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Centre national des arts plastiques

Projects

2017

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Laureates of the 2016 Cnap curatorial research grants

  • Erica Baum
    Untitled (I Have Information), 1996
    FNAC 2014-0128
    Centre national des arts plastiques
    © Erica Baum, courtesy Galerie Crèvecœur, Paris / Cnap / photo : Yves Chenot

  • Sonia Delaunay
    Prismes électriques, n°41, 1912-1914
    FNAC 28998
    Centre national des arts plastiques
    © Pracusa S.A./Cnap/ photographe Yves Chenot

    Project The history of women in the Cnap collection by Liberty Adrien

  • Pierrette Bloch
    N°9, 1970-1971
    FNAC 30747
    Centre national des arts plastiques
    © Adagp/Cnap/

    Project The history of women in the Cnap collection by Liberty Adrien

  • Louise Bourgeois
    Seamstress/Mistress/Distress/Stress, 1998
    FNAC 980557
    Centre national des arts plastiques
    © Louise Bourgeois Trust / Adagp, Paris/Cnap/ photographe Yves Chenot

    Project The history of women in the Cnap collection by Liberty Adrien

  • Sophie Calle
    Prenez soin de vous. Chercheuse en lexicométrie, Micheline Renard, 2007
    FNAC 08-351 (1 à 7)
    Centre national des arts plastiques
    © Adagp/Cnap/ Photographe : Florian Kleinefenn

    Project The history of women in the Cnap collection by Liberty Adrien

  • Adrian Paci
    Per Speculum,2006
    FNAC 10-391
    Centre national des arts plastiques
    © droits réservés/Cnap

    Project The introduction and amplification of life in the Cnap collection by Alexandra Fau

  • Camille Henrot
    Robinson Crusoé, Daniel Defoe, 2012
    FNAC 2014-0005
    Centre national des arts plastiques
    © Adagp, Paris/Cnap

    Project The introduction and amplification of life in the Cnap collection by Alexandra Fau

  • Gabriel OROZCO
    Stone Drops, 1996
    FNAC 99237
    Centre national des arts plastiques
    © Gabriel Orozco / Cnap

    Project The introduction and amplification of life in the Cnap collection by Alexandra Fau

  • Michel Blazy
    Le voyage des météorites, 1999 – 2000
    FNAC 04-184
    Centre national des arts plastiques
    © Adagp, Paris / Cnap / photo : Galerie Art : Concept

    Project The introduction and amplification of life in the Cnap collection by Alexandra Fau

  • Mathieu Mercier
    Sans titre
    Scanned Flowers
    , 2011
    FNAC 2011-410
    Centre national des arts plastiques
    © Adagp, Paris / Cnap / photo : Galerie Mehdi Chouakri

    Project The introduction and amplification of life in the Cnap collection by Alexandra Fau

  • Guillaume Leblon
    Chrysocale I (Set d’habits), 2005
    FNAC 05-1231
    Dépôt du Centre national des arts plastiques au Musée régional d’Art contemporain Languedoc-Roussillon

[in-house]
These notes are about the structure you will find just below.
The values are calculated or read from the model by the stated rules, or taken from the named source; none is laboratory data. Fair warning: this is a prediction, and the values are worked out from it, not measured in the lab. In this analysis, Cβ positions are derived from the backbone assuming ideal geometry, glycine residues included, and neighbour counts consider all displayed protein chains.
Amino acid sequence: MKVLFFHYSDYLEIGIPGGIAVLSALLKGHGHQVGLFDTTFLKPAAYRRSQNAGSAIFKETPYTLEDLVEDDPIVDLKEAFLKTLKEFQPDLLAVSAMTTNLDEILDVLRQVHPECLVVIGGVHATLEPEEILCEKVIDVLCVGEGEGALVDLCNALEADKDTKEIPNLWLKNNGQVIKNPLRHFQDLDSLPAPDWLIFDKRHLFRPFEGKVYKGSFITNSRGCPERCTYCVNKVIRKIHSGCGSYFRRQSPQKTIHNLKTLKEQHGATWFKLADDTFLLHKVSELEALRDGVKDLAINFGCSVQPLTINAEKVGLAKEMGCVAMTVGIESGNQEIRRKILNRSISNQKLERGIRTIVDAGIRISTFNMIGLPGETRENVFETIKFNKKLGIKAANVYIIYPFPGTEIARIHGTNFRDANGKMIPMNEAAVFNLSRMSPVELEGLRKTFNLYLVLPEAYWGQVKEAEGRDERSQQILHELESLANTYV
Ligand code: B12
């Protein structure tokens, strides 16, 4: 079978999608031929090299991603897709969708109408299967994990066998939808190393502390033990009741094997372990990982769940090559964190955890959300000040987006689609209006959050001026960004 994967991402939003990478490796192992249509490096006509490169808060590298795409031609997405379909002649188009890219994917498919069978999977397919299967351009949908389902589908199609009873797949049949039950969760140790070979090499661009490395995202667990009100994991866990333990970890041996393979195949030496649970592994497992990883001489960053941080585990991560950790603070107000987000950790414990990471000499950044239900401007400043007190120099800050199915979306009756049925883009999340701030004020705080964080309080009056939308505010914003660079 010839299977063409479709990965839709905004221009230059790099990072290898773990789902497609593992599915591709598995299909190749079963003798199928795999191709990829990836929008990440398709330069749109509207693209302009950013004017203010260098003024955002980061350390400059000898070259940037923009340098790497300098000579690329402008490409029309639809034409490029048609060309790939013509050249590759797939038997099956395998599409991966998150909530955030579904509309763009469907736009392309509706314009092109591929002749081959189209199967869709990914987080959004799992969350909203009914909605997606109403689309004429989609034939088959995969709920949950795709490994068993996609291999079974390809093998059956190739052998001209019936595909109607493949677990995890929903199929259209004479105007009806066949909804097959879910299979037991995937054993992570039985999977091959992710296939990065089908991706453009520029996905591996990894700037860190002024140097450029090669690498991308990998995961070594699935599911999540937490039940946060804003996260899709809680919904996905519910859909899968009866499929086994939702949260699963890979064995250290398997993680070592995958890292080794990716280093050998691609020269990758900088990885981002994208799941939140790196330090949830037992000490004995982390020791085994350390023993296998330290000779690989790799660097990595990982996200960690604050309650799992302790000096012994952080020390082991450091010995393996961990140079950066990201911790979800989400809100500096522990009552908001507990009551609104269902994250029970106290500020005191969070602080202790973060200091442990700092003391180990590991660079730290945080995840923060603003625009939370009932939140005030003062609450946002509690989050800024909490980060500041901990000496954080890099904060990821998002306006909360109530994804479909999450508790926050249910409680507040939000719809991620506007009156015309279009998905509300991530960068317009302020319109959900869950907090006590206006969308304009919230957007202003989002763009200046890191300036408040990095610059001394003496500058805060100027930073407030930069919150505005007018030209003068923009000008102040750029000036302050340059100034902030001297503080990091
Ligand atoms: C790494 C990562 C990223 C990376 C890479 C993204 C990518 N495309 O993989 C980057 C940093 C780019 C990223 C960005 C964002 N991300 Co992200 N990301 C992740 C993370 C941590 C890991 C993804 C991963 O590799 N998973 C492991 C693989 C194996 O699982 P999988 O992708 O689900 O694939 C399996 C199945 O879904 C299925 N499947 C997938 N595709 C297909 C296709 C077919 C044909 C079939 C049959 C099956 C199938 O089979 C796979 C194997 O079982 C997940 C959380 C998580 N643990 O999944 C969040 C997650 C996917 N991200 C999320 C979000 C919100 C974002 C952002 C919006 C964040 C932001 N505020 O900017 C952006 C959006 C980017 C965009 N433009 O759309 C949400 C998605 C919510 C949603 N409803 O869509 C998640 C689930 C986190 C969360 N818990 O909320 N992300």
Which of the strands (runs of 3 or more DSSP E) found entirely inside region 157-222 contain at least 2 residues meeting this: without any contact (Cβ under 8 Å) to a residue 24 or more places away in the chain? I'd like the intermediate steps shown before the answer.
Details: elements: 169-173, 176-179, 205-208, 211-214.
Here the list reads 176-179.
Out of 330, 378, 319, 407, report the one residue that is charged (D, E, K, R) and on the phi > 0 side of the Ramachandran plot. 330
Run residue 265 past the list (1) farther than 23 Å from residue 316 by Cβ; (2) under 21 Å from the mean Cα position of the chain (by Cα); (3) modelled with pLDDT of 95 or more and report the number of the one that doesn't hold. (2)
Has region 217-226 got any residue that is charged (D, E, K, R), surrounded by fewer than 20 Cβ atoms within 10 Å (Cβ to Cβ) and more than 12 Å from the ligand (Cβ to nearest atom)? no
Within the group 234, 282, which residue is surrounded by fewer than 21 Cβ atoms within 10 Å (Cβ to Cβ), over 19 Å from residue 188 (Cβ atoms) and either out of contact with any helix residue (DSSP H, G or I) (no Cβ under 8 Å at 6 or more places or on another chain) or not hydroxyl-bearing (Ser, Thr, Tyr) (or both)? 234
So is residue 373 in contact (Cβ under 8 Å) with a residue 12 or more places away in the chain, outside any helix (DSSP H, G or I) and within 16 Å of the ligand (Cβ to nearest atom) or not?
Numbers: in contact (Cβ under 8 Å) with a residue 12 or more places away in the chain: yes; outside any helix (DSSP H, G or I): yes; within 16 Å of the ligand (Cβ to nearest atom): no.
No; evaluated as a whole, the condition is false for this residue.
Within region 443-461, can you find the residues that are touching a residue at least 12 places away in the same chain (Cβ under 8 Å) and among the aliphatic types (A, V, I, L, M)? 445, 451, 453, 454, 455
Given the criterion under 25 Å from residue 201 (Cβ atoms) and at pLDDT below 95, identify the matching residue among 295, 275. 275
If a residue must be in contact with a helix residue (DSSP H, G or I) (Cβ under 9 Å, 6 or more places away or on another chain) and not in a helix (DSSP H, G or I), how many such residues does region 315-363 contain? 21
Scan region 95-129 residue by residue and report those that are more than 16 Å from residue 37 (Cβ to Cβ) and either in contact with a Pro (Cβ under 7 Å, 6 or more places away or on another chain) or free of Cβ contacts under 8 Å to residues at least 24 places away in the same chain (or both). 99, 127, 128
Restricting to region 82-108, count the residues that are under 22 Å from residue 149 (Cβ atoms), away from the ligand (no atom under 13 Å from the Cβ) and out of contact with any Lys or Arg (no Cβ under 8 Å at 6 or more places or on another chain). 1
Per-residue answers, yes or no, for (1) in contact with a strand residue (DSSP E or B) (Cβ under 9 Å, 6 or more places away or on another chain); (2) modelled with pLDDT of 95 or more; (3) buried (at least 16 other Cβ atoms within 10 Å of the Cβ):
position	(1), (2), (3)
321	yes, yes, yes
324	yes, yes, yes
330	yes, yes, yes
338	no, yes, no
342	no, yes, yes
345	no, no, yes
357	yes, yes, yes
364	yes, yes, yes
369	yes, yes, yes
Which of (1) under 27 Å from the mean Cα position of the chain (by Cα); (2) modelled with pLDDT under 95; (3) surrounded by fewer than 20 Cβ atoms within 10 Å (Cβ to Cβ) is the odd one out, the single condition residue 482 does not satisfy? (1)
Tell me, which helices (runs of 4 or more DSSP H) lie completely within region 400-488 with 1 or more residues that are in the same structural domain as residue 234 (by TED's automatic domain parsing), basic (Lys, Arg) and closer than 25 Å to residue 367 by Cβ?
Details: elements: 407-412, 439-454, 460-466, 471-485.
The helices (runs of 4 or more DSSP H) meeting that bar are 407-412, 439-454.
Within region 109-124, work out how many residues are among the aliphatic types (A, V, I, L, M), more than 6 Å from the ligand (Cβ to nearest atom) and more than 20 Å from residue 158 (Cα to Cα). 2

© Adagp, Paris / Cnap / photo : Yves Chenot

    Project The introduction and amplification of life in the Cnap collection by Alexandra Fau

  • Hubert Duprat
    Trichoptères, 1993
    FNAC 93548
    Dépôt du Centre national des arts plastiques au Château d’Oiron
    © Adagp, Paris / Cnap / photo : Hubert Duprat

    Project The introduction and amplification of life in the Cnap collection by Alexandra Fau

  • Man Ray
    The father of Mona Lisa, juin 1968
    FNAC 96066 (4)
    Centre national des arts plastiques
    © Man Ray Trust / Adagp, Paris / Cnap / photo : Yves Chenot

    Project Portrait(s) of the artist as (an) artist(s) by Matthieu Laurette

  • Louis Cane
    Louis Cane Artiste Peintre, 1967
    FNAC 90362
    Dépôt du Centre national des arts plastiques au Carré d’Art – Musée d’art contemporain de Nîmes
    © Adagp, Paris / Cnap

    Project Portrait(s) of the artist as (an) artist(s) by Matthieu Laurette

  • Jana Sterback
    Artist as a combustible, 1986
    FNAC 02-1005
    Dépôt du Centre national des arts plastiques au Musée des Beaux-arts de Nantes
    © Jana Sterback / Cnap / photo : Galerie Toni Tapies

    Project Portrait(s) of the artist as (an) artist(s) by Matthieu Laurette

  • Raymond Hains
    Les artistes horticulteurs, 1998 - 1999
    FNAC 02-310
    Centre national des arts plastiques
    © Adagp, Paris / Cnap / photo : Galerie Daniel Templon

    Project Portrait(s) of the artist as (an) artist(s) by Matthieu Laurette

For the second year, the Centre national des arts plastiques has launched an international call for projects for the awarding of curatorial grants, with the aim of starting a research programme in relation to the works listed in the inventory of the Fonds national d’art contemporain.

These grants enable the selected curators to try out new curatorial strategies and to envision the collection in its more experimental dimension, from its most historic to its most contemporary aspect.

The jury was composed of Étienne Bernard, director of the Contemporary art centre Passerelles in Brest; Mathilde Roman, doctor of arts & art science, and art critic; Émilie Pitoiset, artist and teacher; Yves Robert and Sébastien Faucon from the Cnap. Three projects were selected: The history of women in the Cnap collection, by Liberty Adrien; The introduction and amplification of life in the Cnap collection, by Alexandra Fau; and Portrait(s) of the artist as (an) artist(s) (provisionally title), by Matthieu Laurette.
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LIBERTY ADRIEN, THE HISTORY OF WOMEN IN THE CNAP COLLECTION